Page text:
#Exercise 2-2:

# A) Create a random sample called sam20 from pop containing 20 subjects.

# B) Create a random sample called sam750 from pop containing 750 subjects.

# C) Compute the Means and SDs for sam20 and sam750. Create Histograms for both.

# D) How do the means from each sample compare to the true population mean of 15?

# E) Is there an association of the number of people in the sample with the magnitude of

# the difference from the populaton mean?

#A)

sam20=sample(pop, 20, replace=TRUE)

#B)

sam750=sample(pop, 750, replace=TRUE)

#C)

mean(sam20); mean(sam750)

sd(sam20); sd(sam750)

plot(density(sam20)); lines(density(sam750), col=”red”)

#D)

abs(15-mean(sam20)); abs(15-mean(sam750))

#E)

#As the number of people in the sample goes up,

#the mean becomes closer to the true population mean

#—————————————————————

#3. Programming in R: Using Loops

#—————————————————————

#In practice, as researchers we almost always have samples

#and NEVER really know the true population

#Simulating a population and taking samples from it can tell us something

#about how well a given estimator (mean, trimmed mean, median etc.)

#represents a distributions (eg. normal vs skewed)

#To begin to understand how taking samples can give us information about an estimator,

#we need to take MANY samples from our simulated population.

#Let’s say we wanted to have 100 different samples of pop with 200 subjects in each sample.

#We could do this two ways:

#1) Write the function sample() many times

sam1=sample(pop, 200, replace=TRUE)

sam2=sample(pop, 200, replace=TRUE)

# …

sam100=sample(pop, 200, replace=TRUE)

#2) Or use a loop

#^^^^^^^^^^^^^^^^^^^^^^^^^^^^^^^^^^^^^^^^^^^^^^^^^^^^^^#

#Loop over ii: for (ii in X:Y) { # ii is the counter

#COMMANDS WITH ii # X is the first value the counter

#} # Y is the last value of the counter

#^^^^^^^^^^^^^^^^^^^^^^^^^^^^^^^^^^^^^^^^^^^^^^^^^^^^^^#

# x=23+24;x

#print(x)

#Here is a simple loop going from a value of 1 to 10

for (jj in 1:10) {

print(jj)

} #NOTE: When executing the loop,

#you MUST highlight and run the entire loop from { to } including the brackets.

# ii will take the values specified with the “in 1:10” argument

#At first ii = 1, but then will increase by 1 (1,2,3,4,5…) until it reaches 10

#Also we can change ii to be whatever we want.

#Below I’ve used my name to demonstrate this

for (kk in 1:15) {

print(kk)

}

#Back to our goal:

#We want to be able to take 100 different samples of pop with 200 people in each sample

#A good way to do this is to first create an EMPTY matrix to put our data

#into using the matrix() command

mysams = matrix(, ncol=100, nrow=200) #? Why ncol=100 and nrow=200?

#Then we can use a loop to place each of our samples into a column of this empty matrix called “mysams”

for (ii in 1:100) {

mysams[ ,ii] = sample(pop, size=200, replace=TRUE)

}

#Look to your right and double click over ‘mysams’

#—————————————————————

#4. Programming in R: The apply function

#—————————————————————

# We just learned how to use a loop to take MANY random samples

# from a population variable. While the purpose of this

# may not be clear just yet, it will be later on in the semester.

#Once we have our dataset containing 100 samples of 200 people, I’d like to find out the mean of each sample

#I could do this two ways:

#1) By manually doing it

mean(mysams[,1])

mean(mysams[,2])

#…

mean(mysams[,100])

#2) By using a loop

for (jj in 1:100) {

print( mean(mysams[,jj]) ) #I have to use print() here because things in loops don’t get output to the screen without it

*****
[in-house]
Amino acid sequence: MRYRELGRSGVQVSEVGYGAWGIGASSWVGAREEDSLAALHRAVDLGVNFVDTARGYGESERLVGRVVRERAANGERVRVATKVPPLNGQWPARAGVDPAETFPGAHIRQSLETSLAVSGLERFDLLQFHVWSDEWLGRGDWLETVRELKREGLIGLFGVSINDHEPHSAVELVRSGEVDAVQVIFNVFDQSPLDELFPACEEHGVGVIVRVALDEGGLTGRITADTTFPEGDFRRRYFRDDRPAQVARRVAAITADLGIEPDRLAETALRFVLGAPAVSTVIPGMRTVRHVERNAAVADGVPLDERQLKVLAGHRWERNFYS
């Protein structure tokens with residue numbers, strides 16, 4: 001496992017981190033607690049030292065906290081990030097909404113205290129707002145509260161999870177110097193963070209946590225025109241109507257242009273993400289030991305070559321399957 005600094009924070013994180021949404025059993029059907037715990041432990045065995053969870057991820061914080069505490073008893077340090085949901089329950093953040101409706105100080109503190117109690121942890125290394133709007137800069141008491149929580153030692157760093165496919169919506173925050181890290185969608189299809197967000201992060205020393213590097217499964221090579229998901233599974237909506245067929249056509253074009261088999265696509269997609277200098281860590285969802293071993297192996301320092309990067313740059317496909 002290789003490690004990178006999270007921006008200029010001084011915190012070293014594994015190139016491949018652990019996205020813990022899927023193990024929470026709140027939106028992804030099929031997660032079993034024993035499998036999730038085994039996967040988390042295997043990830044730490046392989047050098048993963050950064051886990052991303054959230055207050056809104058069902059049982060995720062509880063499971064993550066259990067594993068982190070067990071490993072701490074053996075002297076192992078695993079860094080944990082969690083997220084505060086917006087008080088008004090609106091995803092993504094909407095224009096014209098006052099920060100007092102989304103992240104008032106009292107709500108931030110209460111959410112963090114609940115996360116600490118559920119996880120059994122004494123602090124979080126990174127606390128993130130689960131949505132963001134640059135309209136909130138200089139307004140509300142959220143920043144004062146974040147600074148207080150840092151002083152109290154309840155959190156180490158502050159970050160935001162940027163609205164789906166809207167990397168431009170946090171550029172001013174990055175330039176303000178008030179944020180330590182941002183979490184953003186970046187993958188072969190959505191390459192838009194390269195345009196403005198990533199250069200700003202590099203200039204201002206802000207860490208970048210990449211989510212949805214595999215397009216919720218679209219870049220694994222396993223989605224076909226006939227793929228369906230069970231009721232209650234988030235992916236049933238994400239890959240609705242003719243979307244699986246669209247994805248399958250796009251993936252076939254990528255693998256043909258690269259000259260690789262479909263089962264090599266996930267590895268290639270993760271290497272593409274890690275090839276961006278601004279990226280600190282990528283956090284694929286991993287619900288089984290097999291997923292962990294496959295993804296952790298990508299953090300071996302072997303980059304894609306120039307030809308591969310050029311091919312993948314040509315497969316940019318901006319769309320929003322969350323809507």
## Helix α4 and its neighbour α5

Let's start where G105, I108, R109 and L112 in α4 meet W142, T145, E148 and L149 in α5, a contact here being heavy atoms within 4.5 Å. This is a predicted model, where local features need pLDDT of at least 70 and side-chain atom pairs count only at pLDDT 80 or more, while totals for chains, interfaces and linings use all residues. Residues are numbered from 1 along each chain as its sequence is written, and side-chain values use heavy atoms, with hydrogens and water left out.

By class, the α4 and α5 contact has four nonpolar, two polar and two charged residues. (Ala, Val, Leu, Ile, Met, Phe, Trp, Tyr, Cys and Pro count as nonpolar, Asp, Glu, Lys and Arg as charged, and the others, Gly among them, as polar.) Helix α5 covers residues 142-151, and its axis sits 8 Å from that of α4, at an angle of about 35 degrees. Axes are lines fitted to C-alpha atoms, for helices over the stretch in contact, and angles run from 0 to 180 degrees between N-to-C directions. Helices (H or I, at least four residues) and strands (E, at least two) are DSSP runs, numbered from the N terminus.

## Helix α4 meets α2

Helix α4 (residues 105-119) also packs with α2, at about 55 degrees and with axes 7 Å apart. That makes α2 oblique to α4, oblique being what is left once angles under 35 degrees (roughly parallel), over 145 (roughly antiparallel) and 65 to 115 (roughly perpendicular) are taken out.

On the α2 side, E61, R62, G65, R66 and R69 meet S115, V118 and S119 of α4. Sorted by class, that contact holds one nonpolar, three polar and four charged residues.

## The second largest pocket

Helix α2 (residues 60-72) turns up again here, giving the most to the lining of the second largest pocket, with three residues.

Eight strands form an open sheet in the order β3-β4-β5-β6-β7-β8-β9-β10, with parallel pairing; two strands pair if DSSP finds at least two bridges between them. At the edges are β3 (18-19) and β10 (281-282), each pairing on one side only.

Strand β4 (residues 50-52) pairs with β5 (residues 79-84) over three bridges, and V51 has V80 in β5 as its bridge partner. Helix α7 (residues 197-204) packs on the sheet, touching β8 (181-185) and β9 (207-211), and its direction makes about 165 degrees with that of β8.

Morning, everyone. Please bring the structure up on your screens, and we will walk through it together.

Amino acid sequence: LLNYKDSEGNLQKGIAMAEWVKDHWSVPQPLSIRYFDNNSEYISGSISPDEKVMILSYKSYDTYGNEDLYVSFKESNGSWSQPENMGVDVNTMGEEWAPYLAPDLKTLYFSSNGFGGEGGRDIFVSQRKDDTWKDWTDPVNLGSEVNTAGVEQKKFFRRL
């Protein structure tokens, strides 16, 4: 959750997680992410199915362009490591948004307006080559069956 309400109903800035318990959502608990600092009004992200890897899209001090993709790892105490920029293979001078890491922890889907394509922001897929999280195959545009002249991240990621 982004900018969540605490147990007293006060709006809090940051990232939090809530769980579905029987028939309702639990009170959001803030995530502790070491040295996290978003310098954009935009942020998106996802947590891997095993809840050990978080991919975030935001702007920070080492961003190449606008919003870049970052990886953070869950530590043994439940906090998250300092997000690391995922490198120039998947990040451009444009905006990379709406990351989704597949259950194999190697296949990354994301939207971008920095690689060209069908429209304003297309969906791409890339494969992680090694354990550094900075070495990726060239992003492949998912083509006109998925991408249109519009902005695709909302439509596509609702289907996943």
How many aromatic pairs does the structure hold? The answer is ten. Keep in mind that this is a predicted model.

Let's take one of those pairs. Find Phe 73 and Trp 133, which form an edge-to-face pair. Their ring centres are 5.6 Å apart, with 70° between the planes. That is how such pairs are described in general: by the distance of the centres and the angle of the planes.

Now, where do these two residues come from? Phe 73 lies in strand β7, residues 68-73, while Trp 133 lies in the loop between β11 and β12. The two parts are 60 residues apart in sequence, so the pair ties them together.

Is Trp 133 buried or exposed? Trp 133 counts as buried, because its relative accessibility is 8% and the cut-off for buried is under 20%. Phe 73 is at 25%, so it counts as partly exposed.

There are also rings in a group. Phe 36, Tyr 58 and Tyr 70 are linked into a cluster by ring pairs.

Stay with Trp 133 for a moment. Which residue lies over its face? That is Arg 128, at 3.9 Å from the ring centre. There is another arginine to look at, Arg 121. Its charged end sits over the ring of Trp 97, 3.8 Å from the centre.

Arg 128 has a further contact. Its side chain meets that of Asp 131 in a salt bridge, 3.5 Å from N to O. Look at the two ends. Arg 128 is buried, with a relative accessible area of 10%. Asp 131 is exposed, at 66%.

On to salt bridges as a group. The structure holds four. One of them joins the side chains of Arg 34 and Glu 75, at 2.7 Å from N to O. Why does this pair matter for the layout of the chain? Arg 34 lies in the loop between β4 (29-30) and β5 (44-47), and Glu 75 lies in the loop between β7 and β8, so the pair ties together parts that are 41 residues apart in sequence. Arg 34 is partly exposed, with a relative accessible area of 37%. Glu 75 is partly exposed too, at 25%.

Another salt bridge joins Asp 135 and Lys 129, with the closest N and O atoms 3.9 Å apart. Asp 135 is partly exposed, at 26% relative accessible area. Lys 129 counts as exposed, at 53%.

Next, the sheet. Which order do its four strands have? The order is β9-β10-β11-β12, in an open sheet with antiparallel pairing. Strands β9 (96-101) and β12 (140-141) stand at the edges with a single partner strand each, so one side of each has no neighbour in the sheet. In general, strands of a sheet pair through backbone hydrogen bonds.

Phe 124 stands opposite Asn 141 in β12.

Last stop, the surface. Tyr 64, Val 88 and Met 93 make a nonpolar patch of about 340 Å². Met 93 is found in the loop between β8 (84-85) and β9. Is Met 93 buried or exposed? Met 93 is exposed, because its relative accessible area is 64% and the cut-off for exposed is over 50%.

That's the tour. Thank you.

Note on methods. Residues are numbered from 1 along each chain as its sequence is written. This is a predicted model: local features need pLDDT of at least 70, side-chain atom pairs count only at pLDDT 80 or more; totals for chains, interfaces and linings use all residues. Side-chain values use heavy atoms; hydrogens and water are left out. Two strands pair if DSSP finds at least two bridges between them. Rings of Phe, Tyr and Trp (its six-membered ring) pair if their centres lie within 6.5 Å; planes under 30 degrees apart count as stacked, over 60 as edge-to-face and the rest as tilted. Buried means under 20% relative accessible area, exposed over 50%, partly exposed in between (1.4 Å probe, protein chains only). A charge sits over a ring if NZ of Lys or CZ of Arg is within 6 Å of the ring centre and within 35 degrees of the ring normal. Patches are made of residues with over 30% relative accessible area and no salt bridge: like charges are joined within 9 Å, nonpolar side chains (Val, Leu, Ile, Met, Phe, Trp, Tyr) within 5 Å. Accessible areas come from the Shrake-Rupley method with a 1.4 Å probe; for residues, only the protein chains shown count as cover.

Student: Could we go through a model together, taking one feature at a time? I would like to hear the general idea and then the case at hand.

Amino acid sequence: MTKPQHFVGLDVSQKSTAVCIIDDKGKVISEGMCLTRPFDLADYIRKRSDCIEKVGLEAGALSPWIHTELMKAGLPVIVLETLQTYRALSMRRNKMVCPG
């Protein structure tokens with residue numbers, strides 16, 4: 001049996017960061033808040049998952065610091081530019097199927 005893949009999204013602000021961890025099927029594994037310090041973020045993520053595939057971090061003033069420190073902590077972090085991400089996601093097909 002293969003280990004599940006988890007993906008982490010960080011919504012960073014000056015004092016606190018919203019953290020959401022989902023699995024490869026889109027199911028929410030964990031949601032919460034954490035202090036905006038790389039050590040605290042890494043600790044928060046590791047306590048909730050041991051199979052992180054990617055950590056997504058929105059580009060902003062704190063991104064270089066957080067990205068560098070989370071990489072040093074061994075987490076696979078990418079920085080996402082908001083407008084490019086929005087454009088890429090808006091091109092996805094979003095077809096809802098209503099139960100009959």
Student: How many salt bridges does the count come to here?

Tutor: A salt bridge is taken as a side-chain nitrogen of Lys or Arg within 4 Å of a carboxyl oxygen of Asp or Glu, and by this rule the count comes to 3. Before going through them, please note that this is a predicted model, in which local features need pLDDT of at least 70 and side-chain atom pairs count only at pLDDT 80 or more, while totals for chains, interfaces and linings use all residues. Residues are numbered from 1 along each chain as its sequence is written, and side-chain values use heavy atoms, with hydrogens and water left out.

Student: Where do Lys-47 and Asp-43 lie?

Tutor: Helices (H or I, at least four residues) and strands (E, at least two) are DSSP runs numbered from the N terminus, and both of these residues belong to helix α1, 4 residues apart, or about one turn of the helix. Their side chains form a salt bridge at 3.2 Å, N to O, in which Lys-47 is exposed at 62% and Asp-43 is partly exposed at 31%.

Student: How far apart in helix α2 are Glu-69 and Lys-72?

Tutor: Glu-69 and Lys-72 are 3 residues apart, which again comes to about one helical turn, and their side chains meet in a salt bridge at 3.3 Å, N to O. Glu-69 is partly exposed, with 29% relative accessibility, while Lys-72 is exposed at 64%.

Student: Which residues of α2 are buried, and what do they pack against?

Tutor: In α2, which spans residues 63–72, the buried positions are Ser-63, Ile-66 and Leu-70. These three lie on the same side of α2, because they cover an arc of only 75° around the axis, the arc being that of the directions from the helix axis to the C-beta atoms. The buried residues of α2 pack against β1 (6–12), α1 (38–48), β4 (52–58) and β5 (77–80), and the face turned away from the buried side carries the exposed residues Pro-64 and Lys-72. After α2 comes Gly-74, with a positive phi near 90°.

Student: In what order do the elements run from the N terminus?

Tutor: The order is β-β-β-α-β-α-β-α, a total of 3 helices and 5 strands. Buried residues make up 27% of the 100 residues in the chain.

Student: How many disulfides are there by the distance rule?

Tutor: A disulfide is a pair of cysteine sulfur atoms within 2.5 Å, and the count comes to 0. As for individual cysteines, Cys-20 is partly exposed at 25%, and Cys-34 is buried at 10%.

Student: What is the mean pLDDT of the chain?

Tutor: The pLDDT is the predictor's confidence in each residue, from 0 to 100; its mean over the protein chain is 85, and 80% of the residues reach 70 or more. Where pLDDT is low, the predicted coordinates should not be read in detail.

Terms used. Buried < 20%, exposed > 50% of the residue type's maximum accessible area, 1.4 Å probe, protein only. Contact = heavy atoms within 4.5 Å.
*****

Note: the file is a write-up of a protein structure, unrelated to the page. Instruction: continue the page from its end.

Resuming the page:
}

#However, I don’t just want to KNOW the means of each sample, instead I’d like to have a variable

#where each observation is the mean of a given sample so that I can analyse the means of the samples

#We can do this by first creating an empty Vector of length 100

sam100means = numeric(100)

#And then using a loop to populate the vector

for (jj in 1:100) {

sam100means[jj] = mean(mysams[,jj])

}

#With this, I can examine the average (mean) of the means for each sample

mean(sam100means)

#And their distribution

hist(sam100means)

#There is an easier way to get this sam100means variable,

#We can use the apply() function!

#^^^^^^^^^^^^^^^^^^^^^^^^^^^^^^^^^^^^^^^^^^^^^^^^^^^^^^#

#Collapse Data (apply): apply(X, MARGIN, FUN)

# X=dataset; MARGIN: 1=Rows, 2=Columns; FUN=Function

#^^^^^^^^^^^^^^^^^^^^^^^^^^^^^^^^^^^^^^^^^^^^^^^^^^^^^^#

#I will create a variable called sam100means2 containing the column means of mysams

sam100means2 = apply(X=mysams, MARGIN=2, FUN=mean)

#In the above: MARGIN=2 tells R to do the operation on the columns

#FUN=mean tells R to take the mean

#A Density plot of this:

plot(density(sam100means2))

#Exercise 4:

# A) Create a variable called sam100sd that contains the standard deviations of each

# sample from mysams. Use whatever method you prefer to do this.

# B) Show a density plot of the SDs from mysams

#A)

sam100sd = apply(X=mysams, MARGIN=2, FUN=sd)

#Alternately

sam100sd1=numeric(100)

for (i in 1:100) {

sam100sd1[i]=sd(mysams[, i])

}

#B)

plot(density(sam100sd))

#—————————————————————

#5. Sampling Distribution of the Uniform Distribution

#—————————————————————

#While we’ve seen that the distribution of means

#from random samples taken from a NORMAL population

#are normally distributed, what if our population is not normally distributed?

#Let’s see for example the uniform distribution

# which can be created using the runif() function

#^^^^^^^^^^^^^^^^^^^^^^^^^^^^^^^^^^^^^^^^^^^^^^^^^^^^^^#

#Random Uniform variable: rnunif(n)

#^^^^^^^^^^^^^^^^^^^^^^^^^^^^^^^^^^^^^^^^^^^^^^^^^^^^^^#

#I’ll create a uniform population distribution of 10,000 subjects

popunif = runif(10000) #Unifor distribution

#This distribution looks like:

hist(popunif)

#Exercise 5:

# A) Create a matrix called unifsams that contains 150 random samples of 250 subjects from popunif

# B) Create a variable called unif150means that contains the means for each of the 150 samples

# C) Create a density plot of means in unif150means. What does this plot look like?

#A)

unifsams = matrix(, ncol=150, nrow=250)

for (ii in 1:150) {

unifsams[,ii] = sample(popunif, 250, replace=TRUE)

}

#B)

unif150means = apply(unifsams, 2, mean)

#C)

plot(density(unif150means ))

#Normally Distributed remember the Central Limit Theorem.

# Read from the book section 5.3.2 to get a theoretical explanation about this last excercise

#Section:5.3.2 Approximating the Sampling Distribution of the Sample Mean: The General Case